Astronomers used the James Webb Space Telescope to study the galactic atmosphere Exoplanet HAT-P-18 b, finds water vapor and carbon dioxide with an emphasis on the influence of the properties of the host star on data analysis.
Led by researchers from the Université de Montréal's Trottier Institute for Exoplanet Research (iREx), a team of astronomers has harnessed the power of the revolutionary James Webb Space Telescope (JWST) to study “hot planets.” Saturn“Exoplanet HAT-P-18 b.
Their findings were published last month in the journal Monthly Notices of the Royal Astronomical Societydraw a complete picture of HAT-P-18 b's atmosphere while exploring the major challenge of distinguishing atmospheric signals from the activity of its star.
HAT-P-18 b is located more than 500 light-years away, with a mass similar to that of Saturn but a size closer to that of the larger planet. Jupiter. As a result, the exoplanet has a “puffy” atmosphere that is particularly ideal for analysis.
Passing over a speckled star
The observations were taken from the James Webb Space Telescope as HAT-P-18 b passed in front of its sun-like star. This moment is called a transit and is essential for detecting and characterizing an exoplanet hundreds of light-years away with amazing precision.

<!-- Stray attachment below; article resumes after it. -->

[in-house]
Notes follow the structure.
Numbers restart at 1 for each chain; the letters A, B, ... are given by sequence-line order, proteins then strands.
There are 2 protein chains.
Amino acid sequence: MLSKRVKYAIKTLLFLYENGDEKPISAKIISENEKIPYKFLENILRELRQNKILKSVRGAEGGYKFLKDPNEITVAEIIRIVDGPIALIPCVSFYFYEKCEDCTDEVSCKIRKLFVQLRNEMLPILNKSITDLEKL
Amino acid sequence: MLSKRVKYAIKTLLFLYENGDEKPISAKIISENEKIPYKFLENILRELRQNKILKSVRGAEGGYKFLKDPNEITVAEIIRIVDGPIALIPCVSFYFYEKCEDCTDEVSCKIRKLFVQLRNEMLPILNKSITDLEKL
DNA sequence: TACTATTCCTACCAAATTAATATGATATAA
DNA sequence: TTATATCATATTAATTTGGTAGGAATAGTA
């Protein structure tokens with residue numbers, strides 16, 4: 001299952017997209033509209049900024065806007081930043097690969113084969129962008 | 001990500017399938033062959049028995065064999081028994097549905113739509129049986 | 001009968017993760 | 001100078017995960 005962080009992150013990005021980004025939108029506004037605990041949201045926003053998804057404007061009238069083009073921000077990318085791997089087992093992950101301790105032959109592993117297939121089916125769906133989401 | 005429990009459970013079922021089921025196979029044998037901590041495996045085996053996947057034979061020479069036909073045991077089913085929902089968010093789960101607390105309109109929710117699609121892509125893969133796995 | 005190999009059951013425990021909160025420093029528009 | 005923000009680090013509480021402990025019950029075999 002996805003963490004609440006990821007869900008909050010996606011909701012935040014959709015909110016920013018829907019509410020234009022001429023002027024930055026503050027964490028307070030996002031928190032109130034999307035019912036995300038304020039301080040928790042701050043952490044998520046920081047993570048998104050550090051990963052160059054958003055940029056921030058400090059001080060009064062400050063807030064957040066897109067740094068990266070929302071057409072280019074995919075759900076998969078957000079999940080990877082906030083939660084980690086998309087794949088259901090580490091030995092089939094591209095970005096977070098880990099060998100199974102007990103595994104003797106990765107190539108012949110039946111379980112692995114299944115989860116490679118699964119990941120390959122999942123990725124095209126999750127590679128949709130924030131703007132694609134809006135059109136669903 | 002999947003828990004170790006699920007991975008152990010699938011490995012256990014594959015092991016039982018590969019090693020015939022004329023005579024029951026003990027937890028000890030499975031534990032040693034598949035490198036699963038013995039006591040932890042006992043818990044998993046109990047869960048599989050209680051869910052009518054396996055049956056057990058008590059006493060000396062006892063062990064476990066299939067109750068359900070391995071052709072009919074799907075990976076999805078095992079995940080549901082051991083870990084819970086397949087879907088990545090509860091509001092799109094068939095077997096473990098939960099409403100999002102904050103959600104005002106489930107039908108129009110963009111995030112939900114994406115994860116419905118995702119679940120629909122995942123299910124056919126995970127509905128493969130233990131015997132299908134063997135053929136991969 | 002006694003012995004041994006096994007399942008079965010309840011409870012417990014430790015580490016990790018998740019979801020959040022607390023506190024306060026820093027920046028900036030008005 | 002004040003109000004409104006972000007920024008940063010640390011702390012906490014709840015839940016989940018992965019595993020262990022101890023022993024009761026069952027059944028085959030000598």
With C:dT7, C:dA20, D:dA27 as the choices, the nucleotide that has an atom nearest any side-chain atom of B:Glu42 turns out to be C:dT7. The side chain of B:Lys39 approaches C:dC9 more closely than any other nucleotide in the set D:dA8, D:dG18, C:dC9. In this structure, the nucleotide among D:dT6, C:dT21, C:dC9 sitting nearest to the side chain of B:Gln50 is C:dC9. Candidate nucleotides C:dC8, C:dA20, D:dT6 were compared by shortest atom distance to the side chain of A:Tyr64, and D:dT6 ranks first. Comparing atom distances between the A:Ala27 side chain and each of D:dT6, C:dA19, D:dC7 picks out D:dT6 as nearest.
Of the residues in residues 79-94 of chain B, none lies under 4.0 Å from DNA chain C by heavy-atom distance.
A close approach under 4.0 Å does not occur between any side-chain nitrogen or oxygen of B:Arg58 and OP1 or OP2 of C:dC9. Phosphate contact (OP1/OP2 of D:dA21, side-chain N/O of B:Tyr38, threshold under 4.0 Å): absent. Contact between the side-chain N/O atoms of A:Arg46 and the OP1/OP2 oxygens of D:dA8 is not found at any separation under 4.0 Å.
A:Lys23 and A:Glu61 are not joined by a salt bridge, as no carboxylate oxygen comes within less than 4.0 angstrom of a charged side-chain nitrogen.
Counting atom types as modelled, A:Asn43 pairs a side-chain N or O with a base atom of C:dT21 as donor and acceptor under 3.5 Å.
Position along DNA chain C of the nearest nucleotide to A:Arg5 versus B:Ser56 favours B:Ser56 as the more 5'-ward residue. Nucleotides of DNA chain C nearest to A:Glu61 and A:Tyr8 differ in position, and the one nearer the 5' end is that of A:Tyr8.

Astronomers do not directly observe the light emitted by the distant planet. Instead, they study how the light of the central star is blocked and affected by the planet orbiting it, and so must try to separate signals resulting from the presence of the planet from those resulting from the properties of the star itself.
The light curve shows the brightness or brightness of a star over time. When an exoplanet passes over the star, known as a transit, part of the star's light is blocked by the exoplanet. As a result, the star's luminosity decreases. When a stellar spot occults the star's surface, or when an exoplanet passes over the dark spot, astronomers can see a signal in the light curve in the form of a small bump at the bottom of the passing light curve. Watch the full animation of this chart below. Source: B. Gougeon/Université de Montréal
Just like our Sun, stars do not have uniform surfaces. It can contain dark star spots and bright regions, which can generate signals that mimic features of the planet's atmosphere. A recent study of the exoplanet TRAPPIST-1 b and its star TRAPPIST-1, led by UdeM doctoral student Olivia Lim, witnessed an explosion, or flare, on the star's surface, affecting observations.
In the case of HAT-P-18 b, Webb was able to capture the exoplanet as it passed over a dark spot on its star HAT-P-18. This is called a localized crossover event, and its effect was evident in the data collected for the new study. The iREx team also reported the presence of several other star spots on the surface of HAT-P-18 that were not obscured by the exoplanet.
To accurately determine the exoplanet's atmospheric composition, researchers had to simultaneously model the planet's atmosphere as well as the properties of its star. They point out in their study that such a consideration will be crucial in addressing future Webb exoplanet observations to fully harness its potential.